Harper Lee (Getty Images)
Harper Lee (Getty Images)


Why To Kill a Mockingbird is my perfect novel

In honour of Harper Lee, who died on Friday, Caroline O'Donoghue explains why a debut novel by a youngest child from an out-of-the-way town changed her life forever

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By Caroline O'Donoghue on

“Hey, Boo.”

When faced with the man she has obsessed over her whole young life, the man she has run from, and hid from, and accepted gifts from, but has never looked directly in the face, the only thing that Scout Finch can think to say is this. Hey, Boo.

Upon hearing about the death of Harper Lee, at 5.15pm on a Friday, with everyone at The Pool HQ rushing frantically to get everything done so we can see our friends and family, and start our well-deserved weekends, there is a momentary crumpling of foreheads. There is a frowning, sad silence, but not a devastated outcry. She was an old lady. She wrote a great book. She wrote a book I have read about a dozen or so times, one that I always tend to pick up in the height of summer, when London feels as heated and frantic as Maycomb County. And even though she was old, and even though I knew she lived in an assisted care facility, and was blind, and deaf, and she had a rich, long, private life, all I can say is: “Oh. Oh no.”

To Kill A Mockingbird is a novel about three children: siblings Scout and Jem Finch, and their friend Dill. They live in Alabama, and their lives are changed when their lawyer father defends Tom Robinson, a black man who has been falsely accused of raping a white woman. If you’ve never read To Kill A Mockingbird, or you simply haven’t read it since school, this will be the plot point you remember. Its place in literature is that of The Important Racism Novel. We encourage children to read it so we can introduce them to concepts that are both unendingly vast – slavery, segregation, the American South – and bluntly, idiotically simple: the world is not a fair place.

Meeting Scout Finch – a fellow ‘me too!’ – felt like having a little sister in an alternate universe, scrabbling around the Alabama in the 1930’s. 

The book came into my life when my older brother, one school year ahead of me, had to read it for class. I read everything Rob brought home from school, and had written his report on Goodnight Mister Tom the year previously. The Scout and Jem dynamic spoke to me immediately, and at twelve, I felt deeply entrenched in Scout’s struggle to keep up with her older, popular, more athletic brother. Scout and I were comrades, children that were precocious readers but utter innocents elsewhere. She is tactless, and hurt easily, and often very lonely. When I had to read the book for school, I painstakingly reminded my teacher that I had read it already, hoping for extra credit or extra attention or any small signifier that I was special in the class. If you are a youngest child, you will know this is a very youngest child thing to do. It’s a ‘look-at-me! I matter too!’ sensibility that you will have to try to quell long into adulthood.

Meeting Scout Finch – a fellow ‘me too!’ – felt like having a little sister in an alternate universe, scrabbling around the Alabama in the 1930’s. We see the world squarely from her height, cock-eyed and quick-witted and open to the thousand experiences that make up a childhood. The book takes her life of BB guns and treehouses seriously, and moves at the slow, sunny pace of an Alabama afternoon. As her family are slowly persecuted by their once-cheerful community, the warmth of the book turns to a severe mid-summer heat. Tempers and temperatures rise, and Scout’s idyllic world becomes claustrophobic, sticky and narrow.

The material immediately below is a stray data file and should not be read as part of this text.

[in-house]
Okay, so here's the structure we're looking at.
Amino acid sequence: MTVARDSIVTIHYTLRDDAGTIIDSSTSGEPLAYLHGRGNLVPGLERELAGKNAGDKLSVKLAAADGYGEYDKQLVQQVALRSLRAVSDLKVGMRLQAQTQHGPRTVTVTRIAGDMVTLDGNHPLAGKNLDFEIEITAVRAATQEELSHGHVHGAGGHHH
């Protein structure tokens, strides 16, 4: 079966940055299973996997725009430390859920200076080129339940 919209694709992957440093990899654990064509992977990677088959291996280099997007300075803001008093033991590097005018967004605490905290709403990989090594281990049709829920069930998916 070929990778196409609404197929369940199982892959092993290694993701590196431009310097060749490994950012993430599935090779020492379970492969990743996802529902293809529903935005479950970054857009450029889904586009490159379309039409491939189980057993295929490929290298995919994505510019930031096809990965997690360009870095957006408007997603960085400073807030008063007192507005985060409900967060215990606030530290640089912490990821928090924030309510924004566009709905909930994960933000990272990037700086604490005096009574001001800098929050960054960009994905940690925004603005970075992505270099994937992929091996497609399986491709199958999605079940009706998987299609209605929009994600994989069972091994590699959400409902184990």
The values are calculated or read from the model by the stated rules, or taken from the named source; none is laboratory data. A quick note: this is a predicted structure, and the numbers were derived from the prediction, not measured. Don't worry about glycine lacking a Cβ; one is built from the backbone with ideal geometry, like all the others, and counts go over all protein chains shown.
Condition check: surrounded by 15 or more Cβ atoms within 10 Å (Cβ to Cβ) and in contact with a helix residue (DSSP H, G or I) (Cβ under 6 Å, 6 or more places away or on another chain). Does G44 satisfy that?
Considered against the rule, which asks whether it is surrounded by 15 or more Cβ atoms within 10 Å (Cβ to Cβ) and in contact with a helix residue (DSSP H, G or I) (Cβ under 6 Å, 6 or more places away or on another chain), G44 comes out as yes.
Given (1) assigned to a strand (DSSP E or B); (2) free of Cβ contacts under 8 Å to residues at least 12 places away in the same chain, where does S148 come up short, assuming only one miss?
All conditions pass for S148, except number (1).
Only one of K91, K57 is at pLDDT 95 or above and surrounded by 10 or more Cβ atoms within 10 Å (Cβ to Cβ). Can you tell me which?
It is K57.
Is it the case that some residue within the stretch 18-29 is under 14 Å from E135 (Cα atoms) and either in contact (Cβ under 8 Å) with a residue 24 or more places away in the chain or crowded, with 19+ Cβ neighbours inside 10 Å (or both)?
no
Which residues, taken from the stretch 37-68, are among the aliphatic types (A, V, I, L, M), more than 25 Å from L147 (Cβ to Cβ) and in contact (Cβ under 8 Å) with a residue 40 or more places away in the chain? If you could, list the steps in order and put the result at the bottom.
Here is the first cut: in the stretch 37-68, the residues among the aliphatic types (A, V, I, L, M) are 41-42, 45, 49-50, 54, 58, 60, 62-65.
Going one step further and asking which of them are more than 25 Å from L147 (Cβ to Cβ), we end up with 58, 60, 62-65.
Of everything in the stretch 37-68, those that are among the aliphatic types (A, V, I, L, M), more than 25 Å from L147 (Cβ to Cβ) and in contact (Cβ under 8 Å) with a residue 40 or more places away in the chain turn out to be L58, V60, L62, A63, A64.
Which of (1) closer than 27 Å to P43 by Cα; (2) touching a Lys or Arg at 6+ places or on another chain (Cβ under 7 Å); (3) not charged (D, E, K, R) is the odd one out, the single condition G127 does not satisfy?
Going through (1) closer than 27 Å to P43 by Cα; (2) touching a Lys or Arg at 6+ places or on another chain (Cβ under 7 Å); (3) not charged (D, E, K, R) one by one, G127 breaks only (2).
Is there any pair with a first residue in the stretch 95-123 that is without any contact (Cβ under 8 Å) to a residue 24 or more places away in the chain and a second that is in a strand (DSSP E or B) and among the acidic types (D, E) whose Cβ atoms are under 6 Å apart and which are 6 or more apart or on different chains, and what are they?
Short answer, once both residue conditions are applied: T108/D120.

A book that began as a hymn for a lonely child, became a code to live by, and quietly, became a nod of encouragement

Lee’s success with Mockingbird loomed over her like an ambitious older sibling, one she would rather retreat from than compete with. Her biggest contribution to literature after Mockingbird was in assisting Truman Capote (her lifelong friend, and the inspiration for Dill) with his research for In Cold Blood. I like this image of her, the one that was played by Catherine Keener in Capote and Sandra Bullock in Infamous. I like the idea of her, bolshy and hard-nosed and researching every facet of the murder that would inspire Capote’s novel. I like thinking that she started life as Scout, and grew to be a kind of Atticus Finch: in love with the law, intensely loyal to her friends and keenly, constantly in search of the truth.

Harper Lee finished her life as her third great character, Boo Radley. The more the world pressed their nose to the glass, the farther she shied away from it. She watched the world with an arm’s-length curiousity, appearing only occasionally and at unplanned intervals. To accept an award, or to write a long letter to O magazine.

Boo saves Scout, at the end of To Kill A Mockingbird. Walking home from a school play, dressed like a ham, Scout is attacked by Robert Ewell in a bid for revenge against Atticus. Standing on Boo’s porch, she recounts the gifts her friendly, strange neighbour gave her: “two soap dolls, a broken watch and chain, a pair of good-luck pennies, and our lives.” Sitting in my own home, thirteen years after meeting Scout Finch and a writer myself – the most ‘me too!’ of professions I can think of – I think of what Harper Lee would think of it, and what she has given me. One book. One book that I come back to, again and again, and that I see from different points of view every time I read it. A book that began as a hymn for a lonely child, became a code to live by, and quietly, became a nod of encouragement. That a debut novel from a youngest child in an out-of-the-way town could change the world and the way children read forever, and that if she can do it – well. Why not me too?


Harper Lee (Getty Images)
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